Recalling Every Last Detail
October 2006 PMFM annual company golf tournament.
A beautiful crisp autumn day that is perfect for golf. I am grateful and anxious to play since it is my first round after successfully removing melanoma from my forearm. My team consists of our companys owner and his wife and one of our IT wizards. On the 17th tee Tim casually mentions that we added a new member to our Board of Directors. His name is George and has extensive experience in the financial services industry.and oh by the way he is a member at Augusta. Not Country Club, but The Augusta National Golf Club. Although I felt like an important member of the PMFM leadership team it was hard to fathom that I would get the opportunity to play at the home of the MASTERSsure glad I was wrong!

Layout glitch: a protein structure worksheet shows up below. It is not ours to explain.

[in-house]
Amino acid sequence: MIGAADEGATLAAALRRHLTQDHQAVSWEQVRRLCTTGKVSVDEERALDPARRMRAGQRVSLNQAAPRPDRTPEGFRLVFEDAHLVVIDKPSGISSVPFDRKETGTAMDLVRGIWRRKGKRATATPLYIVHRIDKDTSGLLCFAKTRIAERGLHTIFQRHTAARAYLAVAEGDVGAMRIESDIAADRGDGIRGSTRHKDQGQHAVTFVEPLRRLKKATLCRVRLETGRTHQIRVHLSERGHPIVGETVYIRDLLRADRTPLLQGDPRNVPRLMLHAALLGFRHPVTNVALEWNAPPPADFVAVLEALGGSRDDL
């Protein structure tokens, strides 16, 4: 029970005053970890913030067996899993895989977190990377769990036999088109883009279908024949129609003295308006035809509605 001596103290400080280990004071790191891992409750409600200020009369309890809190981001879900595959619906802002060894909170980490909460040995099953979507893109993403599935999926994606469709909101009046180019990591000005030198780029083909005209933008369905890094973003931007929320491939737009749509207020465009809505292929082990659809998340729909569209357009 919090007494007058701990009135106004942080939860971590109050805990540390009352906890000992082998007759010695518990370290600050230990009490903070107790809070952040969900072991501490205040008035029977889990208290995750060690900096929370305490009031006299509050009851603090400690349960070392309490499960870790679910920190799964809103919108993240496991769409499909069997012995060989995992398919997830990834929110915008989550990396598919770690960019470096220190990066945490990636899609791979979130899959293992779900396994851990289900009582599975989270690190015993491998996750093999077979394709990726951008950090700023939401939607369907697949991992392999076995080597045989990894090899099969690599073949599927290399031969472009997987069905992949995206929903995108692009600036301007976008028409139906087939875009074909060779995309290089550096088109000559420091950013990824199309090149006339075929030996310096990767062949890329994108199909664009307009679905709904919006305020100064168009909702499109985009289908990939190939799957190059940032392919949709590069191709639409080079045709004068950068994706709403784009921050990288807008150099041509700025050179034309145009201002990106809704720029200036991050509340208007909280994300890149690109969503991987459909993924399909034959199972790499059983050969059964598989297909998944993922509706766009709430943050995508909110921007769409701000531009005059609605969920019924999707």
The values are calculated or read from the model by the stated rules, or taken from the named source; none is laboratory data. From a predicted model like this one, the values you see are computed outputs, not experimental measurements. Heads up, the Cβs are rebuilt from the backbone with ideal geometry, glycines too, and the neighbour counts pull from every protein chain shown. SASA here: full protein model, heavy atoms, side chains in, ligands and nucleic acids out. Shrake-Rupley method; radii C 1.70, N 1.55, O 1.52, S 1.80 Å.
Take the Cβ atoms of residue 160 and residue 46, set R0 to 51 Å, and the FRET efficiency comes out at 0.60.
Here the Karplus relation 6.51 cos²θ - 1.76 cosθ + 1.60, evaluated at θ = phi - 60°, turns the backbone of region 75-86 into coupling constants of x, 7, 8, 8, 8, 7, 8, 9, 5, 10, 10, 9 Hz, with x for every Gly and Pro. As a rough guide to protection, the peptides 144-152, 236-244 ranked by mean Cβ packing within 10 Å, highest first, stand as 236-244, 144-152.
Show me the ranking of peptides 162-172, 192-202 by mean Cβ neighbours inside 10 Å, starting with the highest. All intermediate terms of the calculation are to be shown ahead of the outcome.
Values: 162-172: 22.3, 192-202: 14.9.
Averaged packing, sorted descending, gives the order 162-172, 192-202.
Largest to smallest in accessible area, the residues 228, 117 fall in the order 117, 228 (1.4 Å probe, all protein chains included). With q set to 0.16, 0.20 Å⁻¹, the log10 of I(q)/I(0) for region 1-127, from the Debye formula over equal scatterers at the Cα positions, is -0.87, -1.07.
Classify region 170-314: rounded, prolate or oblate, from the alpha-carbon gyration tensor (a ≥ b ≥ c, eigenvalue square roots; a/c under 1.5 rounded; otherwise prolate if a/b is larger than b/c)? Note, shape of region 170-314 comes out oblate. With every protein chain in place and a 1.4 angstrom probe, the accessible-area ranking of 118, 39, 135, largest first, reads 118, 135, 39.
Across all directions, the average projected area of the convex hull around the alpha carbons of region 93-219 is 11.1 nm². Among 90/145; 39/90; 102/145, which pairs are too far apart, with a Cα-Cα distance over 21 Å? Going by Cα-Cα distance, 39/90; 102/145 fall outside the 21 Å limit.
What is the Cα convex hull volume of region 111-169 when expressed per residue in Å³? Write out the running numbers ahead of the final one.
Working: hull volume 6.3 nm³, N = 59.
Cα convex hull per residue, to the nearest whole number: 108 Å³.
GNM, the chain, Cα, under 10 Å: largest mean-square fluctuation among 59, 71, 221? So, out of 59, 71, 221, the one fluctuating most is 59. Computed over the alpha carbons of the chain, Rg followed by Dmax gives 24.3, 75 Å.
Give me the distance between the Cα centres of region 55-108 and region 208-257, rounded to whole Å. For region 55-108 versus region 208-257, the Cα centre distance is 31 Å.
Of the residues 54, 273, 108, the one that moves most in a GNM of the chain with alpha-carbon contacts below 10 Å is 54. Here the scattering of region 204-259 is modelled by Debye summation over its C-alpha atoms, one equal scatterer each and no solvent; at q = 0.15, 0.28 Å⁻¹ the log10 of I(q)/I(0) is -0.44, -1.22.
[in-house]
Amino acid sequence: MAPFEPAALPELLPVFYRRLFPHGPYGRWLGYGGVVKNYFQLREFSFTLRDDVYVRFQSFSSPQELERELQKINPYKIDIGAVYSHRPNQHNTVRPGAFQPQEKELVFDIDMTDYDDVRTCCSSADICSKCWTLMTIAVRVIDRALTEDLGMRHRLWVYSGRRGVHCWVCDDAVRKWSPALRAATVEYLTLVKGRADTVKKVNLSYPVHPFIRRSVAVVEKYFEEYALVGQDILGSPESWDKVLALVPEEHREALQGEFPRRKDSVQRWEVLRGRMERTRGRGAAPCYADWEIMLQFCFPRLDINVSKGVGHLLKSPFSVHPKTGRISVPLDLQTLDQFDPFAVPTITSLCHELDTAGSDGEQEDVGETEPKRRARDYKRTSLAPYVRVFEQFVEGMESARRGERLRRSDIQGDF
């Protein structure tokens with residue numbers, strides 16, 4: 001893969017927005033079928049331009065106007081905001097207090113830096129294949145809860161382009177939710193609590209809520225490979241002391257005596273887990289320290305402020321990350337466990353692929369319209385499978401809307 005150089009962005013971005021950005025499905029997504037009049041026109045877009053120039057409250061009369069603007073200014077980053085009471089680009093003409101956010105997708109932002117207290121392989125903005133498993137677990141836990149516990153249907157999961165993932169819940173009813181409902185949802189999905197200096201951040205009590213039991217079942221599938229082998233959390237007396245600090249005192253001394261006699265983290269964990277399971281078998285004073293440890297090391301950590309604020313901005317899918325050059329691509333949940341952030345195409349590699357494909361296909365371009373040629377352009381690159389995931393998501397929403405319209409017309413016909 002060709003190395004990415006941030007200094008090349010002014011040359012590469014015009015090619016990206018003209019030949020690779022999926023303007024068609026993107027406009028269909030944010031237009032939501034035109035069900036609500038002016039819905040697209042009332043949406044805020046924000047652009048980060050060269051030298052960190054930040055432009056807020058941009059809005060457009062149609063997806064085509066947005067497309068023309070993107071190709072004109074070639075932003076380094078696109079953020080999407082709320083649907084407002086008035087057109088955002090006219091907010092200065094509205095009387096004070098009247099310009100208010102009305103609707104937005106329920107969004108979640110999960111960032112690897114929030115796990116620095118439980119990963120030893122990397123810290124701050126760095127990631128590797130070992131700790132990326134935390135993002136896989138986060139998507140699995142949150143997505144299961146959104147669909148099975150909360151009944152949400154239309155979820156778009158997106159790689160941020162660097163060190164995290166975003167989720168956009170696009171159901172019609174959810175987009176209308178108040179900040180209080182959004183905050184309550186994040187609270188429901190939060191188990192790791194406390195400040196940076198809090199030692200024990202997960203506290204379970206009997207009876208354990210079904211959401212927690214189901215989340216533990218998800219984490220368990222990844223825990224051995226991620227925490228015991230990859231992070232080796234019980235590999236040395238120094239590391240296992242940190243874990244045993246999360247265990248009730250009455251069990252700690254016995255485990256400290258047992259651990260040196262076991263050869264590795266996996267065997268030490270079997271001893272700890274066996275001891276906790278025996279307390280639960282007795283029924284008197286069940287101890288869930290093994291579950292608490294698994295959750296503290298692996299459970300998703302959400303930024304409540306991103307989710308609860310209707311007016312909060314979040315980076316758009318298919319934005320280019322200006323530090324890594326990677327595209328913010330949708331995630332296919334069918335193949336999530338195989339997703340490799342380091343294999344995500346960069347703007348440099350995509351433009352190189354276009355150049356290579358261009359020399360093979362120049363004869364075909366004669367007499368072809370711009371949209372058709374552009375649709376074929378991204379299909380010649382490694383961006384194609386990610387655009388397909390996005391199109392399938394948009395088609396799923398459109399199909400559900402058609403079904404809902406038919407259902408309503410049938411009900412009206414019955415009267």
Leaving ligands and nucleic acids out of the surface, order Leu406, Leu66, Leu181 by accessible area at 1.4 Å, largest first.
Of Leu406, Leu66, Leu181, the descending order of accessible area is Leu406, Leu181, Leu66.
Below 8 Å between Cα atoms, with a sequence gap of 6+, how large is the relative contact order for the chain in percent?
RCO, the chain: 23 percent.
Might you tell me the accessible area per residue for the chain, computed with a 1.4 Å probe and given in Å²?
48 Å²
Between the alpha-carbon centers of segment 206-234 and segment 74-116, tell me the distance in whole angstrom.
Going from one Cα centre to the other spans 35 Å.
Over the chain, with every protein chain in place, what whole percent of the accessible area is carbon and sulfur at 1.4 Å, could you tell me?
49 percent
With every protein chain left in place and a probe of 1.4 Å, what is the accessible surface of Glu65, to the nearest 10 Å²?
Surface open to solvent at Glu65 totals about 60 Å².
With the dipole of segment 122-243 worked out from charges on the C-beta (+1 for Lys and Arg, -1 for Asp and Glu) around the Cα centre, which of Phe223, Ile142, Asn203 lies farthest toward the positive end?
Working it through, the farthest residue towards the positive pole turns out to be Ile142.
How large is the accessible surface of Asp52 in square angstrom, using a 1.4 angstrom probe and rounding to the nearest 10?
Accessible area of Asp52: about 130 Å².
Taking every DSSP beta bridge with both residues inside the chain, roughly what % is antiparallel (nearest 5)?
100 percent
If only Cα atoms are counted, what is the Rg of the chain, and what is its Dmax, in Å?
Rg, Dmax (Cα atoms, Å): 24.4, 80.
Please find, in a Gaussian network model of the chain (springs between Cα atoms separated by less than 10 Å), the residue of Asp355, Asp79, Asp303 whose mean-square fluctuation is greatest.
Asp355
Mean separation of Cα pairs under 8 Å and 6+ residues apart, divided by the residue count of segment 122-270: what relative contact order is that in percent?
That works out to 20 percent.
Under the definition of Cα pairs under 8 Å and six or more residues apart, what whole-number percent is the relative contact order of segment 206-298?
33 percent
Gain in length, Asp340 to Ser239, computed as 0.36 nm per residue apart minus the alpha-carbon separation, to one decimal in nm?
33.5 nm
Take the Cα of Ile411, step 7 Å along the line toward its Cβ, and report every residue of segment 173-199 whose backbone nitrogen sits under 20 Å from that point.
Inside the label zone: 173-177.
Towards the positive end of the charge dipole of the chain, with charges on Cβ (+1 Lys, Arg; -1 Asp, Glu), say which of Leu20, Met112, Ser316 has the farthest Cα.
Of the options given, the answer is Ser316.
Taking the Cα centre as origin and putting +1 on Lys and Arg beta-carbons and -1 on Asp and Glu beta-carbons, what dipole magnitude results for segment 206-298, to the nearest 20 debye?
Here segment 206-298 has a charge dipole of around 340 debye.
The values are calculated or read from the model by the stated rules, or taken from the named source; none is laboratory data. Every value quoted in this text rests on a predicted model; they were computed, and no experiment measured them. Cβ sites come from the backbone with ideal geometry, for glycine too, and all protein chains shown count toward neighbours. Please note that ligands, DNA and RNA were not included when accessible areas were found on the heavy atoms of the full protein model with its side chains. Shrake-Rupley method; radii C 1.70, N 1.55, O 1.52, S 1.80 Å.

While talking with our SVP of Sales & Marketing Tim McCabe in his office one morning he asked me to shut the door. I joked that closed door discussions are either really good or really bad. We had been talking about the progress Id made with a huge prospect. Gallagher Retirement Services was planning a due diligence visit in December to determine if they wanted to offer our Toolbox service to their clients. Tim said and I quote Im going to make your day! His next words were ones Ill never forget Youre going to play at The Augusta National Golf Club. I was stunned. It was all I could do to contain my excitement. Of course I played it cool with Tim and said Oh really, when? My mind was racingwho should I invite? Do I get to choose?